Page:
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Conus aplustre

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Taxonomy [top]

Kingdom Phylum Class Order Family
ANIMALIA MOLLUSCA GASTROPODA NEOGASTROPODA CONIDAE

Scientific Name: Conus aplustre
Species Authority: Reeve, 1843
Synonym(s):
Conus zealandicus Hutton, 1873
<i>Conus</i> <i>cooki</i> Brazier, 1870
<i>Conus</i> <i>neglectus</i> A. Adams, 1855

Assessment Information [top]

Red List Category & Criteria: Least Concern ver 3.1
Year Published: 2013
Date Assessed: 2011-07-01
Assessor(s): Morrison, H.
Reviewer(s): Peters, H. & Wells, F.E.
Facilitator/Compiler(s): Cubaynes, H., Peters, H. & Hines, A.
Justification:
Beechey (2010) specifies that this species is restricted to New South Wales between Hastings Point and Broulee. There are no recordings of population levels for this species in the literature.  Large numbers of this species occur in beach drift indicating that this species is generally considered to occur in reasonable numbers.  Given the shallow depth range of this species it is susceptible to pollution and coastal disturbances.  The future possibility of increased water temperature will have a distinct negative impact on this species.  However, the rise in temperature in Australian waters is not currently quantifiable.  The taking of live molluscs using SCUBA is illegal in NSW and they are naturally protected within their inaccessible habitat.  It is listed as Least Concern.

Geographic Range [top]

Range Description: Beechey (2010) specifies that this species is restricted to New South Wales between Hastings Point and Broulee.
Countries:
Native:
Australia (New South Wales)
FAO Marine Fishing Areas:
Range Map: Click here to open the map viewer and explore range.

Population [top]

Population: There are no recordings of population levels for this species in the literature.  Large numbers of this species occur in beach drift indicating that this species generally considered to occur in reasonable numbers.
Population Trend: Unknown

Habitat and Ecology [top]

Habitat and Ecology: This species is found intertidally to approx 4 m under rocks (Röckel et al. 1995), on exposed rocky shores with kelp (Beechey 2010). Once mature, it can reach a size ranging from 20 to 27 mm (Röckel et al. 1995).  This species appears to require an active shoreline.
Systems: Marine

Use and Trade [top]

Use and Trade: This species occurs in the shell trade, however, live individuals are not targeted and the specimens in the trade are generally collected as empty shells on the shoreline (H. Morrison pers. comm. 2011).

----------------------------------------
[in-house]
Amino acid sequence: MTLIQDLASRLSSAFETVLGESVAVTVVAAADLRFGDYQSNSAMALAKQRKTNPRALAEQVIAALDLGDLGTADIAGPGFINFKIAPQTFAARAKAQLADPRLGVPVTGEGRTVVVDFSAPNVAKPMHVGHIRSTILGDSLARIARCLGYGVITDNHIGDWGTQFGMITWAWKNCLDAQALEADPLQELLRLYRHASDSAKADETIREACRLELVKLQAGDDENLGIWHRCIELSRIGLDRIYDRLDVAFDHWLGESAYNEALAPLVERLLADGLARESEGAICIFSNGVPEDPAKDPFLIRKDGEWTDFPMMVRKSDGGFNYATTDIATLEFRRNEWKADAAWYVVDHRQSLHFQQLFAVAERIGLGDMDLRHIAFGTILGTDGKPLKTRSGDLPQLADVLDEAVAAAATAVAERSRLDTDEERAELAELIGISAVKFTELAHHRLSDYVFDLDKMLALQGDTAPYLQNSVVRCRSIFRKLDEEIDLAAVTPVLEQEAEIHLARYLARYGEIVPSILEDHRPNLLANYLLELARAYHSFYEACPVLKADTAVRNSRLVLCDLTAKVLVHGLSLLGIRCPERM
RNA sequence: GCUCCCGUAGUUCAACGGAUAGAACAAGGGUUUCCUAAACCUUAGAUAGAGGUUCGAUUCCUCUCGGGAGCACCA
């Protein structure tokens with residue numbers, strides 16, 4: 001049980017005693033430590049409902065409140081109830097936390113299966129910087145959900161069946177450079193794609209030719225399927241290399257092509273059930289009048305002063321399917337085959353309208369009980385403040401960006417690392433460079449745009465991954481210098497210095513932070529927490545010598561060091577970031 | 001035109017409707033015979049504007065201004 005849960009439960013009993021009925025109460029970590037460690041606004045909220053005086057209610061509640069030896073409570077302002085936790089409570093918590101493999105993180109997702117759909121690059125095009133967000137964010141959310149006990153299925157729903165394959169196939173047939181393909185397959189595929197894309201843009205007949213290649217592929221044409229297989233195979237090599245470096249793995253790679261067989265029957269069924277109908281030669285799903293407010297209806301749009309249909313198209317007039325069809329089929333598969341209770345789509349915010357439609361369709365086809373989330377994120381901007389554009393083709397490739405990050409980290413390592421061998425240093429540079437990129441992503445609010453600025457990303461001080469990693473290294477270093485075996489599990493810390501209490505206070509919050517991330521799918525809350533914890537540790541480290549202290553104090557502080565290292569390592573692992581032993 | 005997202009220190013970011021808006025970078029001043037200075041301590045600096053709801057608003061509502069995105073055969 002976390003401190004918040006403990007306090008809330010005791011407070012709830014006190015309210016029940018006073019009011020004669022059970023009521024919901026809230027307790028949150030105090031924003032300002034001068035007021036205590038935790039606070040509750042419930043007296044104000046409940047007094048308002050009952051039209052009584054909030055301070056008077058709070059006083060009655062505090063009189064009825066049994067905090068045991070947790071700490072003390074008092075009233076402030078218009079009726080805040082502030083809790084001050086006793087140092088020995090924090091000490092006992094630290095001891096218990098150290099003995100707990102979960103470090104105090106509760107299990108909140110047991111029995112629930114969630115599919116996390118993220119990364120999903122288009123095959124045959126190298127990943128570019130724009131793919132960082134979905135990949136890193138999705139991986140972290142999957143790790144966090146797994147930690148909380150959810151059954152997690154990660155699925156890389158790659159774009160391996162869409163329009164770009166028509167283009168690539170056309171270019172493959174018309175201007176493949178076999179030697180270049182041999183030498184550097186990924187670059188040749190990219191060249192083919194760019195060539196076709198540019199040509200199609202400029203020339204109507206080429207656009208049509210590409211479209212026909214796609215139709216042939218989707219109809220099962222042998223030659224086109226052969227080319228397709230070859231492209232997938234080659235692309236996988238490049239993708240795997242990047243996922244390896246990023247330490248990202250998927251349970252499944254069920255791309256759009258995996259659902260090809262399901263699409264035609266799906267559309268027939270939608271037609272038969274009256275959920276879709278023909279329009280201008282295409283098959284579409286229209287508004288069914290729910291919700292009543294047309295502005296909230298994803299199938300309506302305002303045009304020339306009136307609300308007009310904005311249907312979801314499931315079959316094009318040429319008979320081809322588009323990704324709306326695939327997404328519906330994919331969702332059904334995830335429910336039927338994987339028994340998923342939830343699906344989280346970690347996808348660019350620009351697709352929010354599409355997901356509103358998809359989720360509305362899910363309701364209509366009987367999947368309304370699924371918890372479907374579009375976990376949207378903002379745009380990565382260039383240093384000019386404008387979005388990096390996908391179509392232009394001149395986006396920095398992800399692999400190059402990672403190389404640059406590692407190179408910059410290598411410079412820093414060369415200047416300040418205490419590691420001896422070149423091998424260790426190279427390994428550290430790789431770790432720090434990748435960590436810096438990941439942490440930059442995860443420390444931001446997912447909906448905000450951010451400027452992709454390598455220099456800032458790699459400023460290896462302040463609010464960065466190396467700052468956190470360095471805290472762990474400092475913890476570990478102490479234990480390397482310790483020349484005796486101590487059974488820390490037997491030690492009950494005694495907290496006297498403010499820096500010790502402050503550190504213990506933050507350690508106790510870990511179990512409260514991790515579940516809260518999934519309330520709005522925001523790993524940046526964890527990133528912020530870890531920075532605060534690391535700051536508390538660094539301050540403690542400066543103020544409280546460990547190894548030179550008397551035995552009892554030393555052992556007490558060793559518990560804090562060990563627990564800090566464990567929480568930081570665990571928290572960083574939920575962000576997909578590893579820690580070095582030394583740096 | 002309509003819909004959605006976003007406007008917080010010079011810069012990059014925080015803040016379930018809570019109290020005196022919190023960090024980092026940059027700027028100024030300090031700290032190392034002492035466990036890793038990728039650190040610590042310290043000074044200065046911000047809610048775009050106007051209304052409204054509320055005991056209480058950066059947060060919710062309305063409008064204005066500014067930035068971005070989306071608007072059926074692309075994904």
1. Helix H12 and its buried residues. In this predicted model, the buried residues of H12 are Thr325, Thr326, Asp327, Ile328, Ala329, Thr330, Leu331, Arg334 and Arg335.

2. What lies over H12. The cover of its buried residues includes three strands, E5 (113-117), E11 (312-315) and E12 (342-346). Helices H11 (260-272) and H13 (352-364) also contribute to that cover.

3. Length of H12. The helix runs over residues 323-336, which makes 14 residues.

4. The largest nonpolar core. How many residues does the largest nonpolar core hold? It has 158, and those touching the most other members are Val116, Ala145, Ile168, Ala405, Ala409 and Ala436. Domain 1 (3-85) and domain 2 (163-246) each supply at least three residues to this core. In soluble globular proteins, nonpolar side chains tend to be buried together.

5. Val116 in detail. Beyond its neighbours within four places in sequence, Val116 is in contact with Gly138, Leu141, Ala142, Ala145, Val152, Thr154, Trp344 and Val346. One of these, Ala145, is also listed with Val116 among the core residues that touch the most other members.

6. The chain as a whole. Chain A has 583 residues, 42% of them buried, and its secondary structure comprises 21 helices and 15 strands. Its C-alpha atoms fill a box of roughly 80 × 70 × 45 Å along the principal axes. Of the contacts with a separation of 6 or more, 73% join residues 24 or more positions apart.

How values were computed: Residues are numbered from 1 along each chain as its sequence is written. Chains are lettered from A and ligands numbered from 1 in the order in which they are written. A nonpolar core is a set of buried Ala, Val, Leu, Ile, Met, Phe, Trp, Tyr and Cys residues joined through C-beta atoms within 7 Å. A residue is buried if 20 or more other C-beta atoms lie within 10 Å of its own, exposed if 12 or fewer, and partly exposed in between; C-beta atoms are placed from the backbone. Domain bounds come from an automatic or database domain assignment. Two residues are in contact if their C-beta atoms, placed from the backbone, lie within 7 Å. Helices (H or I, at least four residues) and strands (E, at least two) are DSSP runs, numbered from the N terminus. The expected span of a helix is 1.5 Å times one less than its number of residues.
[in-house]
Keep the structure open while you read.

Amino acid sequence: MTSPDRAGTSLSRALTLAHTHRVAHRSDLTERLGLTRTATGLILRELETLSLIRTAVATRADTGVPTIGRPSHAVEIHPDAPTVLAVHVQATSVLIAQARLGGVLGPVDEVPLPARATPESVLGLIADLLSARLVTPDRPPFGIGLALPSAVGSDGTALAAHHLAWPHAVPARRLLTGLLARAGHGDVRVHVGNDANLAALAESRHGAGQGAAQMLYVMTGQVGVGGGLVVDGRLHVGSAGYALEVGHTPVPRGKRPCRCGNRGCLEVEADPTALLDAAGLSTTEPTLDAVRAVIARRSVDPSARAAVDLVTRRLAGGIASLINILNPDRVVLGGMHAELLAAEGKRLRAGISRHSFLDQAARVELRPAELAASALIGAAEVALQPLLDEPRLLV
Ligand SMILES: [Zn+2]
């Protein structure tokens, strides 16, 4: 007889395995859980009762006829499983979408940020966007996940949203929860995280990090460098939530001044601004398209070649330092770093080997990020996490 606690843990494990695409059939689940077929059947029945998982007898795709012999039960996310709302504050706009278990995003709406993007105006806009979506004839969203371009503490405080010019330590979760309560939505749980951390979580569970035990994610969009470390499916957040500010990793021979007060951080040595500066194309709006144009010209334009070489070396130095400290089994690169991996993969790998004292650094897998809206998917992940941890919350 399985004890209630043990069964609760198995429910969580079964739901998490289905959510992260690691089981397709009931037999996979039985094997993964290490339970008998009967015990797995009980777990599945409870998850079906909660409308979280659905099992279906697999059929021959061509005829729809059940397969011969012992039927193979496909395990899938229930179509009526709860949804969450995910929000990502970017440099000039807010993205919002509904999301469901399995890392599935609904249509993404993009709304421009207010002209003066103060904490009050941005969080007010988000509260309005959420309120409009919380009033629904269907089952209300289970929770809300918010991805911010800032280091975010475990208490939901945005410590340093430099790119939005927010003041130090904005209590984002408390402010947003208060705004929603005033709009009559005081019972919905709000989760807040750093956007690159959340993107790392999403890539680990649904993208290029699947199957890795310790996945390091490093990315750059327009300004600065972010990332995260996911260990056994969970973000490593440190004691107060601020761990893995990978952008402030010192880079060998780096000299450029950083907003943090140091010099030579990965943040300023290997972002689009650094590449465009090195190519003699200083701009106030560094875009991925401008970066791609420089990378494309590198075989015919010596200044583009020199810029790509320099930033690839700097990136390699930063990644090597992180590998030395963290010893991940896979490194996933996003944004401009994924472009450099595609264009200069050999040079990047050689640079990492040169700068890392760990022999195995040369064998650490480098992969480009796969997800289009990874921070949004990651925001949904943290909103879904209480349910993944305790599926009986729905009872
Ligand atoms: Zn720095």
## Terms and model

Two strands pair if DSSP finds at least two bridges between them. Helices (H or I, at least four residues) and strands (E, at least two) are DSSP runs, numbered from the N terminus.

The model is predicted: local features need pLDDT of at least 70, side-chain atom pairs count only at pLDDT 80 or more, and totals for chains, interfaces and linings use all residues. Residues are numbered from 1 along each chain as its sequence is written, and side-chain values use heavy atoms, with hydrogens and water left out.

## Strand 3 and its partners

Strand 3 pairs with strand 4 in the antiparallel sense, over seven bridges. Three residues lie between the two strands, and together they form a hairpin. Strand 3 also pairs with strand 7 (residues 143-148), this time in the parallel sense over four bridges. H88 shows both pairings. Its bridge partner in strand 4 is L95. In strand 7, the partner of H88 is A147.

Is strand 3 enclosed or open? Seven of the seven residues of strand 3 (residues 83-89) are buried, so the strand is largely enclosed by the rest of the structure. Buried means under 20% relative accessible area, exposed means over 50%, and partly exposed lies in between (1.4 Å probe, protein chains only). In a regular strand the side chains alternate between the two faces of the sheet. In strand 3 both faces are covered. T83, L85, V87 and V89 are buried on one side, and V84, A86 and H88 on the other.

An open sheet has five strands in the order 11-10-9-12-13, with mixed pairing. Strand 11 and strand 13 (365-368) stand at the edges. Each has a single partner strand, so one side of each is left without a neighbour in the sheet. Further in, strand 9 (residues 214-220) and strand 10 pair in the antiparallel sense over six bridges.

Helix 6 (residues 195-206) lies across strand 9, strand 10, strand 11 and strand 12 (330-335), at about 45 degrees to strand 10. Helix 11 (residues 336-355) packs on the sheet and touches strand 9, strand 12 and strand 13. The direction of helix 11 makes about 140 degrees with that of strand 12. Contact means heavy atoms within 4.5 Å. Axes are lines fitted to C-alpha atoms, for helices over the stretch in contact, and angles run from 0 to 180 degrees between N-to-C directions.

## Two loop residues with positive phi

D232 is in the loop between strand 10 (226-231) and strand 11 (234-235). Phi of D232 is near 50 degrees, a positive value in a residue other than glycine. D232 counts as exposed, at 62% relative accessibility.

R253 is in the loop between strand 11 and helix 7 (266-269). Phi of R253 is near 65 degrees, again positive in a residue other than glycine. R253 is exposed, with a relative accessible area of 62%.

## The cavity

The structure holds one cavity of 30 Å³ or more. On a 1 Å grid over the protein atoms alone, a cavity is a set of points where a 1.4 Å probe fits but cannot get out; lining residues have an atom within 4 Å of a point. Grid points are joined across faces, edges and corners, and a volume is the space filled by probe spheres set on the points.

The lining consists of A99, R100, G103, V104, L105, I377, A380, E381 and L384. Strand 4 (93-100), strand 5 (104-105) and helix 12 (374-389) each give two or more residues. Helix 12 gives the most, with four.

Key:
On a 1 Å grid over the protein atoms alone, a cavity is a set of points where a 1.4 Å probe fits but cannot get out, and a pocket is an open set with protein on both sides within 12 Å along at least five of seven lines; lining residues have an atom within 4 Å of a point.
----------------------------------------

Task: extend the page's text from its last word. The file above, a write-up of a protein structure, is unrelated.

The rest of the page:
Threats [top]

Major Threat(s): Given the shallow depth range of this species it is susceptible to pollution and coastal disturbances.  The future possibility of increased water temperature will have a distinct negative impact on this species.  However, the rise in temperature in Australian waters is not currently quantifiable.

Conservation Actions [top]

Conservation Actions: The taking of live molluscs on SCUBA is illegal in NSW and they are naturally protected within their inaccessible habitat.

Bibliography [top]

Beechey, D. 2010. Seashells of New South Wales. Available at: http://seashellsofnsw.org.au/index.htm.

Beechey, D. 2010. Seashells of New South Wales. Available at: http://seashellsofnsw.org.au/index.htm. (Accessed: July 2011).

IUCN. 2013. IUCN Red List of Threatened Species (ver. 2013.1). Available at: http://www.iucnredlist.org. (Accessed: 12 June 2013).

Morrison, H. and Pfuetzner, S. 2002-2010. Australian Seashells PTY Ltd. Available at: www.seashells.net.au. (Accessed: July 2011).

Poppe, G. T. and Poppe, P. 1996-2011. Conchology, Inc. Mactan Available at: http://www.conchology.be/. (Accessed: March 2011).

Röckel, D., Korn, W. & Kohn, A.J. 1995. Manual of the Living Conidae, Vol 1. Verlag Christa Hemmen.


Citation: Morrison, H. 2013. Conus aplustre. The IUCN Red List of Threatened Species. Version 2014.3. <www.iucnredlist.org>. Downloaded on 22 December 2014.
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